The Indomitable Spirit of a Runner

I am compelled to put my thoughts down on “paper”. It has been many years since I have felt compelled to write. I have previously posted that my goal for this year is to run the Portland Marathon. I’m doing it. I have registered. And yesterday, I was scared. Today, I am determined.

“It’s supposed to be hard. If it wasn’t hard, everyone would do it. The hard…is what makes it great!” -Tom Hanks in A League of Their Own

One thing that I know to be true is that I previously hated running. To me, running was something that my crazy parents did. They would disappear for hours and come back sweaty, and focused, with crazy amounts of energy they expected me to have the same of.

I rejected running for many years because it was not something I ever wanted to do. I was a basketball player, softball player, and volleyball player. All team sports requiring intense and fast action. Short bursts of all out performance resulting in an jubilant win (or humbling loss).

After learning how to run, practicing long distances, conquering my fears, I too, am a runner.

I don’t know if you have anyone in your life that runs: whether it is a family member or a friend. If you do: you may think they are crazy, dedicated, insane, focused, or what have you. If you do not have anyone that you care for that is a runner, well, let me tell you a thing or two about runners.

For a marathon training plan that lasts 23 weeks I will need to put in over 100 hours in training. This is running two days a week and lifting weights three days a week. 100 + hours. On the road. Alone. My feet hitting the pavement. My breathing creating a pattern. My thoughts of defeat. The glory of overcoming my thoughts of defeat. All of it, is HARD. It is hard WORK. Yes, it is work. Why would anyone do this to themselves? Why am I doing this? Because running simulates real world experiences that I struggle with. Image

Say what? Yes, running simulates real world experiences that I struggle with. I experience social anxiety. I need to plan things in order to be comfortable with them. I experience anxiety in new situations. Running forces me to be equally impulsive and to equally value planning. Running puts me on the road for a set amount of time where I am faced with all the fear and anxiety. Running is the first activity that has ever challenged my intelligence along with fostering my tenacity. Yes, running is an intelligent activity. Not that you have to be smart to do it. Quite the contrary, you have to consciously (and actively) engage your frontal lobe (high level thinking) to overcome the cease and desist primal brain. The primal brain is what signals my body that I am done! Time to stop! Get off the road and GO HOME NOW! Digging deep within myself I pull upon reserves that challenges my primal brain. “Just one more mile.” “Keep digging in.” “Come on, you can do this!” “This pain you are feeling is nothing compared to the emotional pain of your past.” “Keep on keeping on.” “Just past the next sign.” “Just around the next corner, now past that mailbox.” I know that I won’t stop but my primal brain doesn’t. I get to actively practice the skills I need in order to overcome my daily struggles. Over a 100 hours of practice, fine tuning my coping abilities, humbling myself to not quite getting the time I wanted, submitting to the pain in order to breathe through it, these have all increased my quality of life over the last year. Image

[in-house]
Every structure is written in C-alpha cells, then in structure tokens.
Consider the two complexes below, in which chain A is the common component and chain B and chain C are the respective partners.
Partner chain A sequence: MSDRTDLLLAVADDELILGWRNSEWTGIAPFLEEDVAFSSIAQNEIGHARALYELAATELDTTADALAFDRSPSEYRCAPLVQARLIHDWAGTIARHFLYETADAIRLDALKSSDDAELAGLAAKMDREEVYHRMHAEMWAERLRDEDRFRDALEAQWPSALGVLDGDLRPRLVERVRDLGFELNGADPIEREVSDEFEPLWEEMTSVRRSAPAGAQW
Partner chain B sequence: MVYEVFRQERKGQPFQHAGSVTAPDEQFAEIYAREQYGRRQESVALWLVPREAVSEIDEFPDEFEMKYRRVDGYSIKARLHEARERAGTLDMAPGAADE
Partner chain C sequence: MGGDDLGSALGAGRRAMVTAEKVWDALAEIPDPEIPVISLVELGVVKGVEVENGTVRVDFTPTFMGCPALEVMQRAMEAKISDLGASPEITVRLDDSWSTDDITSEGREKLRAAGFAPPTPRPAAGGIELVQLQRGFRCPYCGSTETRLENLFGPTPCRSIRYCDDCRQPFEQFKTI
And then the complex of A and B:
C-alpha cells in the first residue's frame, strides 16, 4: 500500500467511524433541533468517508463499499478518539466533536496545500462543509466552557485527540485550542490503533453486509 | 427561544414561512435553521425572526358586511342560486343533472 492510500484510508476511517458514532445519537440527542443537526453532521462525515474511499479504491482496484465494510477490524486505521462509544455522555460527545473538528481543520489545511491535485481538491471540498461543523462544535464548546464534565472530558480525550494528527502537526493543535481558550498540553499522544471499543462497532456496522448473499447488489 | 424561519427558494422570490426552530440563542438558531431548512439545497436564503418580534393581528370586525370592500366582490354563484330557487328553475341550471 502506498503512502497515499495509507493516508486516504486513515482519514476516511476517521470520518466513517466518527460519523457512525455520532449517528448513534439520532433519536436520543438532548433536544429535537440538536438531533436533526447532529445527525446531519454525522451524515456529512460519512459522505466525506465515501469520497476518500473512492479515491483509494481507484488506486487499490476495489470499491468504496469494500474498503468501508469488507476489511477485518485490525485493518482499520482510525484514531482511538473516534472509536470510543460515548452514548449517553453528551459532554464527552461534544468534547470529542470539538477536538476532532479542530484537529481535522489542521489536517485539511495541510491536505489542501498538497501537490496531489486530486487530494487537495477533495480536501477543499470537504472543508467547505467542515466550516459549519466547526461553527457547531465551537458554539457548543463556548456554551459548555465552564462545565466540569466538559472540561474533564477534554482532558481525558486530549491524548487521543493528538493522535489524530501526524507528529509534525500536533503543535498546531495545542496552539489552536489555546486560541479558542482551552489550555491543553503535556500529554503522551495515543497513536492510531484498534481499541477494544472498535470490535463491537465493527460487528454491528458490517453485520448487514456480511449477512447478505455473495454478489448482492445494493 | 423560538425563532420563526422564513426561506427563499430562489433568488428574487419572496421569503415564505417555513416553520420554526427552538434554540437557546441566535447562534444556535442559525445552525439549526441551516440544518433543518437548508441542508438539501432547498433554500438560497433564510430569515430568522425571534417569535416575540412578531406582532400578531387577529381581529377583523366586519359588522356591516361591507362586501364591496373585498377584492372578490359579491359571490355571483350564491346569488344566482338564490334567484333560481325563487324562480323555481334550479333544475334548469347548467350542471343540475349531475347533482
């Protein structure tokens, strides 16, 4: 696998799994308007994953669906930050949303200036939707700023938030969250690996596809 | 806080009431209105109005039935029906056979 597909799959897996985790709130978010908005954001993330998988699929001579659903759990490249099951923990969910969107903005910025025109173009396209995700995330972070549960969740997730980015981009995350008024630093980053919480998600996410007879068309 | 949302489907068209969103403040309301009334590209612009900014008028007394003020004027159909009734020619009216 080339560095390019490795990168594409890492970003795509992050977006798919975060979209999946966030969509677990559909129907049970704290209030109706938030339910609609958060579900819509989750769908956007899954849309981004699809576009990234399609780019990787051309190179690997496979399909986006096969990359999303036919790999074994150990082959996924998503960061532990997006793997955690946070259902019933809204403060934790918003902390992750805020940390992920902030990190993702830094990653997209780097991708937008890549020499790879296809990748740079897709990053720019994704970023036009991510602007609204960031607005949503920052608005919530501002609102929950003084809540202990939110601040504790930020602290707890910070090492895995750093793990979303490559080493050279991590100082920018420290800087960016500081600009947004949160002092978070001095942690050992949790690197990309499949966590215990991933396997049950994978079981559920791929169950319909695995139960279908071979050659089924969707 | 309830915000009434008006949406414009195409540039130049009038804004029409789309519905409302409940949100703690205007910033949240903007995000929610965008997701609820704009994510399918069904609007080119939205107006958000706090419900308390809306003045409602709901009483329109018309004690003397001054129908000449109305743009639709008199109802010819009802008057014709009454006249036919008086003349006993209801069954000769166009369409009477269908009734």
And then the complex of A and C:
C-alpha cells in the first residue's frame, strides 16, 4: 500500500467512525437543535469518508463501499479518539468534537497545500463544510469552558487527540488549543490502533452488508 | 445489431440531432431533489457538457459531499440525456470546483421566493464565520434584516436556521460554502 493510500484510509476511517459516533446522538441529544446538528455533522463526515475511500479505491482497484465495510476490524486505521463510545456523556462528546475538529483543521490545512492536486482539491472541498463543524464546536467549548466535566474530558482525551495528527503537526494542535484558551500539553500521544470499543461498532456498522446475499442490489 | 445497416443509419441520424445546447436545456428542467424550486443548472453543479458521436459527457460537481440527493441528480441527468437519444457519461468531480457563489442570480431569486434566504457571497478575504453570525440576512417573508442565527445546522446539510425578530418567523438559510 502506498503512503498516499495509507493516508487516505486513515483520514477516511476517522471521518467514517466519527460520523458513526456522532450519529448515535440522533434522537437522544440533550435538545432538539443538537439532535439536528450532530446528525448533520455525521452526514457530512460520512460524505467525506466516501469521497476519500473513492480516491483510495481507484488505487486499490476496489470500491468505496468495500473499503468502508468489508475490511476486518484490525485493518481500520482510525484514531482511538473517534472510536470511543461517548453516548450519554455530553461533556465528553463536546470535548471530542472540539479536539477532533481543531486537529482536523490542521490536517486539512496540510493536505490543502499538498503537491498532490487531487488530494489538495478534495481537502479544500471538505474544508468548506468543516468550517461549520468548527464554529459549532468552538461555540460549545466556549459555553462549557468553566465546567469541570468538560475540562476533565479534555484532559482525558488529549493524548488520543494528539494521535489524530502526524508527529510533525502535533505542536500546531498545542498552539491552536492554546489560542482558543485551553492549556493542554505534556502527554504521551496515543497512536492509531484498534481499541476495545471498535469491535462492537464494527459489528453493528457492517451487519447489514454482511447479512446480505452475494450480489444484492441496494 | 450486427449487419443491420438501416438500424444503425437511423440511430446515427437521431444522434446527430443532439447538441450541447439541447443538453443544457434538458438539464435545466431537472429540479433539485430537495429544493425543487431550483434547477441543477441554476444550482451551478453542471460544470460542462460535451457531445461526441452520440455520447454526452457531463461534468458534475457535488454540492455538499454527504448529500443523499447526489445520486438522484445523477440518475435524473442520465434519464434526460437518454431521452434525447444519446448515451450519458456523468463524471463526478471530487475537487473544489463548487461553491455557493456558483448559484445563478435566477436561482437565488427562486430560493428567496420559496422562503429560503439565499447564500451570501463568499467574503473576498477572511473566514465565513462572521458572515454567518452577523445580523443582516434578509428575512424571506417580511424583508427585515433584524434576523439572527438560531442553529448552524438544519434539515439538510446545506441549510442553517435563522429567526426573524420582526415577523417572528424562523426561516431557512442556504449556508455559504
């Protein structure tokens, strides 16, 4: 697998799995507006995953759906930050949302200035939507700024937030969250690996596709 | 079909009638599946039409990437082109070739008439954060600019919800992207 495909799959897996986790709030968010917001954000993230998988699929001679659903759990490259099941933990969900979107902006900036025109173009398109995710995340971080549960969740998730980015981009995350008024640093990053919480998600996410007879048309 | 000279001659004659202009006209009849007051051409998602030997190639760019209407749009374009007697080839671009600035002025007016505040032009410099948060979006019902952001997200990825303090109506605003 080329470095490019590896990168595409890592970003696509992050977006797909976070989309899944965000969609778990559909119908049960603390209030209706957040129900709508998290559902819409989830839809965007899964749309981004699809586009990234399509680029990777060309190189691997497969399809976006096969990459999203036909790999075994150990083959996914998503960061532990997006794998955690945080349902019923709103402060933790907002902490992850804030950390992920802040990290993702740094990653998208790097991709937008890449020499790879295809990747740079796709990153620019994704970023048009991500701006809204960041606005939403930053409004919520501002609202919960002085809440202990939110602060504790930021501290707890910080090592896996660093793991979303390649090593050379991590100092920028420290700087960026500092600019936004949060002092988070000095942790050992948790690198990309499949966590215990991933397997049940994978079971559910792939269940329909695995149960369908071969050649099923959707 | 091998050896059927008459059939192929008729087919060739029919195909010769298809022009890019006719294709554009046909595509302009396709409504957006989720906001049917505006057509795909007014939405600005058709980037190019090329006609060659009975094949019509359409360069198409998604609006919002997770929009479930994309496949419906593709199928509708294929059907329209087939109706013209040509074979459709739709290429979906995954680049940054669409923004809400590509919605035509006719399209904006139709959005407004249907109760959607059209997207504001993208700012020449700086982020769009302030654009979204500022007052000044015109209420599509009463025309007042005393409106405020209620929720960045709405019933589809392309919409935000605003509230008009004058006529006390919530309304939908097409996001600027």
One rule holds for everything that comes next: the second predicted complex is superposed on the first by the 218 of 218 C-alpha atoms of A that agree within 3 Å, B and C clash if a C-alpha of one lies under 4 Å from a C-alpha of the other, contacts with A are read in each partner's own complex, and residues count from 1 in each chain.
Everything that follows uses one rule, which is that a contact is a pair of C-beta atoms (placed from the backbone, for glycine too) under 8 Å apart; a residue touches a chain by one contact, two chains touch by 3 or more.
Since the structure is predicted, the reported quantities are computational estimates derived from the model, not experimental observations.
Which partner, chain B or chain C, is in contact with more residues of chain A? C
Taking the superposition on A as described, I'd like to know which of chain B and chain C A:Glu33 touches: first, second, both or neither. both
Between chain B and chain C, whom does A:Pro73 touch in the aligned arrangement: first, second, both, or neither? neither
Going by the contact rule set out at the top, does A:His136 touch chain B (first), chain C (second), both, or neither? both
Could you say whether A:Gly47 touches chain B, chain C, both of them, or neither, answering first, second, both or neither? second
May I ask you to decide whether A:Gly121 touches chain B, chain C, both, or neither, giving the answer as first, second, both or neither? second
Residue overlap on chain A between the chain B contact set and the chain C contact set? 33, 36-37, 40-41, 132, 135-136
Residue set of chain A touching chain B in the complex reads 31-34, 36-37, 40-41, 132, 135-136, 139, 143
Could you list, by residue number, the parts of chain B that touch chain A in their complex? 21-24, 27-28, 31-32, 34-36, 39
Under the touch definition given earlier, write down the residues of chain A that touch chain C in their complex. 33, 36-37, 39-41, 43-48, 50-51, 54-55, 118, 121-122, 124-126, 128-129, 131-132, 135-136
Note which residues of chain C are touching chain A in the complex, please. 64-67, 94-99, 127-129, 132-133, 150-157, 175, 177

And, I owe it to running.

Yesterday, when I heard of the bombing at the Boston Marathon, I was stunned. I was in disbelief that someone would do such a terrible thing. I was angry. Possibly that is what you felt as well. Today, I am reflecting on the 1972 Summer Olympics. This was a time in history when running was beginning to change. Steve Prefontaine was making running a household name, he was changing the face of athletes, and making a name for Oregon. Frank Shorter made history. He was the first American to win the Marathon event in 64 years. Things were happening, and running was becoming the sport to watch. September 5, 1972 was the day the Munich Massacre happened. On September 5th, 1972 athletes throughout the world mourned. The loss of athletes, coaches, and young men rocked the nation. Everyone was watching. Everyone was asking why. Everyone saw evil in action. Everyone felt the loss in the face of tradition. Just like April 15th, 2013.

Athletes train, and they push. They rise above obstacles. They overcome limitations. They dedicate themselves to their sport. I read a headline that said the event in Boston would change running forever. I challenge that! No. It won’t change running. Runners, wrestlers, coaches, athletes, and tv viewers have been here before. We have overcome once. We can overcome again.

We will each put in the hours required to conquer our sport. Just as you will put in the hours to support those you love who dedicate themselves to something. I will begin my training without fear of an evil act. For, in my practice of running, I will have already overcome anything worse. I will run the Portland Marathon.

I will hear Frank Shorter‘s voice urging me on, “run hard all the way, and make it hurt, and make it honest to be a worthy answer to the terrorist atrocities of a few days past.” 41 years after he spoke these words they still ring true.

Athletes: families: citizens, let us rise up and demonstrate the Indomitable Spirit of a Runner.